Strawberry and gooseberry wine recipe - my homebrew wine making experiment

Strawberry season is upon us. For a few weeks in June we in the UK are treated to a glut of strawberries. The local season only lasts a few weeks, but the strawberries are fantastic. I never bother eating imported strawberries at any other time of year - what's the point? There are things to enjoy all year around, why expend all that effort importing fruit that has no taste?

Today I went strawberry hunting. I always buy my strawberries for wine from a couple of local farms. Getting them from a selection of sources means that you end up with a variety of strawberry types.

The best way to collect strawberries for winemaking is to pick your own. This allows you to select the plumpest and ripest strawberries. However, if you work full time and want a lot of wine, it is very time consuming. So I normally buy the pre-picked sort. Usually they can be had for just under £2 per pound.

Strawberries do not ripen much once they are picked. All the do is get mouldy. I normally buy and make my strawberry wine on the same day. Usually a nice hot sunny day so that I can sit in the garden doing the work.

Strawberry wine on its own is infamous for being a little, well, strawberry-ish. Almost to the point of being uninteresting. The secret, I find, is to blend the strawberry fruit with other types of fruit to make something a little more complex.

I started my wine making today with 14lb of strawberries. I also had 4-5lb of bananas, 4lb of gooseberries and 500ml of red grape juice concentrate. I am aiming for a final volume of about 5 imperial gallons.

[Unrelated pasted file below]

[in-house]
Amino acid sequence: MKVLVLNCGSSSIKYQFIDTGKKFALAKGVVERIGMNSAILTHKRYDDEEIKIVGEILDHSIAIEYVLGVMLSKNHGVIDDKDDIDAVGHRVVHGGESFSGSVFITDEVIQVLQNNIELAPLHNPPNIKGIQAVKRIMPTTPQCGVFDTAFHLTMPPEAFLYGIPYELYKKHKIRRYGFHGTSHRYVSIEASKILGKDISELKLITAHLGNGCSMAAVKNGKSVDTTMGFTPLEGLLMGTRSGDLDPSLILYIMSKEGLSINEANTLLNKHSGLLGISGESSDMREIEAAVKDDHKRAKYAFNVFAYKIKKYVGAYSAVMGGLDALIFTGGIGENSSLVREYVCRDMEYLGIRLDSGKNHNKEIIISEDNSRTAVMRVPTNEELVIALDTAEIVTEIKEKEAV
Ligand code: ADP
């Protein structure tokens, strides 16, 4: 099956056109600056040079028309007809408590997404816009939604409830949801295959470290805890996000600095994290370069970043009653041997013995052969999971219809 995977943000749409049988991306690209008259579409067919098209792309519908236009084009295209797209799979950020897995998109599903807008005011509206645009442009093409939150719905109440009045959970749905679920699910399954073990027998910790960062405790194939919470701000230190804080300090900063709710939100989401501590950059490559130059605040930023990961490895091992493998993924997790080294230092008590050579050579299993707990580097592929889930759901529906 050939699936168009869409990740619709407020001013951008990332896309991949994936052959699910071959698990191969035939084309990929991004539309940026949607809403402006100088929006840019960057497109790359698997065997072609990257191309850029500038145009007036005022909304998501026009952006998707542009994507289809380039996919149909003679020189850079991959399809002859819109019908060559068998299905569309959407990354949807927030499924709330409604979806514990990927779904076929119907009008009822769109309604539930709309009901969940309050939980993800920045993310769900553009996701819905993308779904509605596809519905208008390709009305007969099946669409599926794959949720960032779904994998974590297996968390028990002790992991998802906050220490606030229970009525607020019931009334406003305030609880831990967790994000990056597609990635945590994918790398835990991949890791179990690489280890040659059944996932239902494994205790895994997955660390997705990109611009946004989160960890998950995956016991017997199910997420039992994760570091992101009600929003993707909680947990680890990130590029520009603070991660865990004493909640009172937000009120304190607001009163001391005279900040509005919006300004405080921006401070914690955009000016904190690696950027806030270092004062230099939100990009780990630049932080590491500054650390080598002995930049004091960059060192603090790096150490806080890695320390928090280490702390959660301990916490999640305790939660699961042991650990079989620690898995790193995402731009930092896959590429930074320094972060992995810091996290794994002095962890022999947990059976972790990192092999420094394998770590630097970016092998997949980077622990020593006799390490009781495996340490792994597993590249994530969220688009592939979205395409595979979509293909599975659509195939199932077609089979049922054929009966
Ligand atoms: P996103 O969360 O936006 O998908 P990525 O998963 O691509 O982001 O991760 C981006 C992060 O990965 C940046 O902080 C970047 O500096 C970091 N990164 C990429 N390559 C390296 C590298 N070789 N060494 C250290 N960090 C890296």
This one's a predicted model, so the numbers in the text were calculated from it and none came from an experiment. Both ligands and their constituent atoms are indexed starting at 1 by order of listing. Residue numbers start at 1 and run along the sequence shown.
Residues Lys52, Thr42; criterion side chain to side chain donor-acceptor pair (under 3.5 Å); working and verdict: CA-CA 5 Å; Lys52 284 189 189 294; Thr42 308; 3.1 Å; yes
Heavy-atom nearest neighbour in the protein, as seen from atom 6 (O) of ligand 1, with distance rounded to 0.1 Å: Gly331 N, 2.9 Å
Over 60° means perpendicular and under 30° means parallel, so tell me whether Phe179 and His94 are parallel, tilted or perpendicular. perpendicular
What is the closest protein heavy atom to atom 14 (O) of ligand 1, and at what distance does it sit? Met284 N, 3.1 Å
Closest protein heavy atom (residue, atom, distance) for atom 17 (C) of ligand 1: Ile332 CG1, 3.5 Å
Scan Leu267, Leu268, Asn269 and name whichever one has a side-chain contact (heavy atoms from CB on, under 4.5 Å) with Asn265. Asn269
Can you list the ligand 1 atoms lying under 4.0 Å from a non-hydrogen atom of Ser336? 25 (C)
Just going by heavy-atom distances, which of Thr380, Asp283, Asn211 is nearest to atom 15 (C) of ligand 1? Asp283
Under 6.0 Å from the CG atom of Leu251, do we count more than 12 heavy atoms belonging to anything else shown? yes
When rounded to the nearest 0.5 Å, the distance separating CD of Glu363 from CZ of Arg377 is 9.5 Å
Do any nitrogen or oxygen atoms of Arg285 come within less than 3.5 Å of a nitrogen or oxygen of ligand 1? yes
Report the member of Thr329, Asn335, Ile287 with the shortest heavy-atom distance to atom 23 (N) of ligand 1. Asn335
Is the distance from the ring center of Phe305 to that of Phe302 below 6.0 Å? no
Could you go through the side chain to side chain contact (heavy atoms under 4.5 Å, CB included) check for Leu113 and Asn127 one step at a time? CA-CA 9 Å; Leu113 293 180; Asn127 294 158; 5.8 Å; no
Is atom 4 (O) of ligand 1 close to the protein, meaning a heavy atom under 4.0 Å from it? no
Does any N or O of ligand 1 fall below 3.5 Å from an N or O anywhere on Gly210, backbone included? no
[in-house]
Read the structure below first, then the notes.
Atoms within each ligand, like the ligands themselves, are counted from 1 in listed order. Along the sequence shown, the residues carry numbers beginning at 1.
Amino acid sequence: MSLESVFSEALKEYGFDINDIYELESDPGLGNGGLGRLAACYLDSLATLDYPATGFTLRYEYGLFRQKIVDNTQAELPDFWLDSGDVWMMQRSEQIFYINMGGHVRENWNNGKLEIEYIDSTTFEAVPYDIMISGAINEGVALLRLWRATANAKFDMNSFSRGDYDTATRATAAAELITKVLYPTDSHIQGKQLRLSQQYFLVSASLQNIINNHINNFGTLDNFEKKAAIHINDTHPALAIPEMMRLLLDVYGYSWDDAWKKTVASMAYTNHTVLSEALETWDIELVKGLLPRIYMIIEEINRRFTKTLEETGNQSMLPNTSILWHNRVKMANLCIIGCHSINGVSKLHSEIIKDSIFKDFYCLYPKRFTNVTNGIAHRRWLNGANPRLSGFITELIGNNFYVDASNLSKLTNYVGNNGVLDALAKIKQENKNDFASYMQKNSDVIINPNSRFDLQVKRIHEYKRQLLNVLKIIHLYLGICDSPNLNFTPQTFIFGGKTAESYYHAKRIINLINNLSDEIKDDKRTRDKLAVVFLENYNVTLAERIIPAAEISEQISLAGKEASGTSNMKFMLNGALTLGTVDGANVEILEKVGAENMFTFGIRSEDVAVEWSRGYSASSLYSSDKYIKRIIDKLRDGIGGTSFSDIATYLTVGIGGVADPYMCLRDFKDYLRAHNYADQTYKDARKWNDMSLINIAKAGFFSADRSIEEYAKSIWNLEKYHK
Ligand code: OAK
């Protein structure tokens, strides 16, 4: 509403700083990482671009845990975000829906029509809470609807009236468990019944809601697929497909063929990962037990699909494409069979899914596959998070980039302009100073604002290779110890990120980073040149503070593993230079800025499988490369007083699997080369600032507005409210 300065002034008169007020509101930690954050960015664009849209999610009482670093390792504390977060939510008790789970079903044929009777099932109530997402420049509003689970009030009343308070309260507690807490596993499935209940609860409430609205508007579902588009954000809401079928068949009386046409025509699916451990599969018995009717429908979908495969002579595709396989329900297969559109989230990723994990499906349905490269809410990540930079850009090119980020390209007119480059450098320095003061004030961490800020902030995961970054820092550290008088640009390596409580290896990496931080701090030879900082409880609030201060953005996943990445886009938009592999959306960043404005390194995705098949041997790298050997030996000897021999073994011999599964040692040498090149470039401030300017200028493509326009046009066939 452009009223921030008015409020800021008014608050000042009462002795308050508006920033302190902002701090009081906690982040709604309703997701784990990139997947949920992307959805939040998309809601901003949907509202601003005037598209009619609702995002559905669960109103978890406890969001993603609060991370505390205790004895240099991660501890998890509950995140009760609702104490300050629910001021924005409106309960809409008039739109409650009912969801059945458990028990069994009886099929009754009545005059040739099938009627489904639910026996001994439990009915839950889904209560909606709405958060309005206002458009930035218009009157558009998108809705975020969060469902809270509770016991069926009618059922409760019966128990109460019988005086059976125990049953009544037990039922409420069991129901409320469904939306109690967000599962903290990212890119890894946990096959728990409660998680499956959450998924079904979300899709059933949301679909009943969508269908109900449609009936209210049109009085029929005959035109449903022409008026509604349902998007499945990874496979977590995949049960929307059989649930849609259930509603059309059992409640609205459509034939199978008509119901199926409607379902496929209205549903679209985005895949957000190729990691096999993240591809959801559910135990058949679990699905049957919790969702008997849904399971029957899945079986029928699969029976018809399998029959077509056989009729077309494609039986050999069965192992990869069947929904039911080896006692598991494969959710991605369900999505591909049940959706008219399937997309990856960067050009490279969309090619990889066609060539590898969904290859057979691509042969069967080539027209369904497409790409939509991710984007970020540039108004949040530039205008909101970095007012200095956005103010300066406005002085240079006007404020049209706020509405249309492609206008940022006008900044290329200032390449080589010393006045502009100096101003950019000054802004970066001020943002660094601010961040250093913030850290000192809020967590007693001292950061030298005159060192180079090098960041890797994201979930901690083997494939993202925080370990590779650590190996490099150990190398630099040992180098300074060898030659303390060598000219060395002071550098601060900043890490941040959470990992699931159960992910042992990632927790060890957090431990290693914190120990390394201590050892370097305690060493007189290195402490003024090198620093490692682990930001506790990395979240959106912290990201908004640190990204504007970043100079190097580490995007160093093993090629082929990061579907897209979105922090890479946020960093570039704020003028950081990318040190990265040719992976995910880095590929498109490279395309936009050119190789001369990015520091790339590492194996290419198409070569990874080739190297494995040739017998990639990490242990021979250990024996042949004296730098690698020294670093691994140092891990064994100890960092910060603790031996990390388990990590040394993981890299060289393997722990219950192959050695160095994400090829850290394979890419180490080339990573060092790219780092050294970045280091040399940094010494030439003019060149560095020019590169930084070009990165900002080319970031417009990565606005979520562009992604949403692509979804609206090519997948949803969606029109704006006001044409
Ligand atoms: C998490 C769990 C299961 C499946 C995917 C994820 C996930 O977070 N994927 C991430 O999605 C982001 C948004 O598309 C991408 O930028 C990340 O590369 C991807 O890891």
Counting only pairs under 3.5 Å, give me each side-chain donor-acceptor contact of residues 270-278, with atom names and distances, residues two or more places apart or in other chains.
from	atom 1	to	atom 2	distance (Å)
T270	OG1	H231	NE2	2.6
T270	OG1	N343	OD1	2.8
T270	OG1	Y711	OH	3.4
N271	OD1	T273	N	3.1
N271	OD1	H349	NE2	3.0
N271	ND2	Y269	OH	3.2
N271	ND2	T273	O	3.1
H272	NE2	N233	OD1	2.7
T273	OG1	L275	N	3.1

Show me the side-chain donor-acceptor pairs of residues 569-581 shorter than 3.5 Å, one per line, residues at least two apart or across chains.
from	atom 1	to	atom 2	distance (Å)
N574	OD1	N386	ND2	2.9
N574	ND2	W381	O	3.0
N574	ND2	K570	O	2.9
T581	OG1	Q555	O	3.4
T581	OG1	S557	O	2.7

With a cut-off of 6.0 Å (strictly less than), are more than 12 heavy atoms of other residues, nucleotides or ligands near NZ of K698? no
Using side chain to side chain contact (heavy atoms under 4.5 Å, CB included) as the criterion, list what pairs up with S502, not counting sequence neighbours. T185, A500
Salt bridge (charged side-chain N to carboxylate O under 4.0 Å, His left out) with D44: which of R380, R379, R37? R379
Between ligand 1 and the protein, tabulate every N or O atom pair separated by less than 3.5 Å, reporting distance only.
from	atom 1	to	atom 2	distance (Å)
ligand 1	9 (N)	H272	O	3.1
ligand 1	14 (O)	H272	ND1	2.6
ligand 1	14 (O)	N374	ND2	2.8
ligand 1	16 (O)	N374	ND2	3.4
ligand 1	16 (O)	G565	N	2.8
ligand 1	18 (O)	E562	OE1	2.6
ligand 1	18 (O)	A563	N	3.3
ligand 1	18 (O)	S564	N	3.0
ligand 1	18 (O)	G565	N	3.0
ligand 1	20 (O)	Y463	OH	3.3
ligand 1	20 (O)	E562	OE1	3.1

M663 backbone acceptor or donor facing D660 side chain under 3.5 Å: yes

First the strawberries. Clean out your winemaking bucket, the large 6 gallon one. Put a gallon or so of hand hot water in it, and dissovle enough potassium sulfite to give the whole 5 gallons protection. About a gram or so - don't forget the grape juice will be sulfited. This gives a fairly strong sulfite solution to drop the fruit into - killing all the nasties, and protecting from oxidizing. Strawberry pink hates oxygen!

Don a pair of plastic gloves and use the tip of a potato peeler to remove the green stalk and some of the whiteish core material. Crush each strawberry in your hand and dump it into the bucket. This is really boring. Put the radio on. Have a friend help. But do it outside, all the squeezing will soon spread strawberry juice everywhere.

Next the gooseberries. I don't bother top-and-tailing them - I suppose I should, but I am bored of fruit preparation by now. I crush the gooseberries in my hands and add them to the bucket.

The bananas are boiled up for a few minutes in a gallon of water, along with one or two of the skins. This is then poured into the bucket with the other fruit. The bucket is now nice and warm. I add the red grape juice concentrate and about 3kg of sugar, and bring the whole thing up to around the 5 gallon mark with cool water. A liberal dose of pectic enzyme and a couple of teaspoons of acid mix, and on goes the lid until tomorrow evening.

The inital acidity is around .20-.30% TA - this needs boosting. The gravity is around 1070 and should probably be higher, however, I will adjust these things tomorrow once the pectic enzyme and a bit of time have had a chance to adjust things.

The sign of a good strawberry wine is the colour. Preserving the red color of strawberry wine is very important. It can turn into a grim brown colour very easily. The secret here is two-fold. Start with a good dose of red grape concentrate to bolster the colour. Always use a good level of sulfite in the wine the prevent the slightest chance of oxidation. If the wine becomes slightly oxidized, it will go brown and the red colour is lost forever. I always make sure that the sulfite level in strawberry wine is kept to 50ppm minimum. And this means starting with at least a gram of potassium bisulfite in the must - or at least one campden tablet per 2 gallons of must. Add the red grape concentrate will raise this further, because it contains sulfite itself. Leave the strawberry wine to rest for at least 24 hours before pitching the yeast. This gives the sulfite a chance to settle and give the yeast a good start in life. After creation of my must in this batch, my sulfite level measured 75ppm, but 24 hours later the yeast was able to take hold!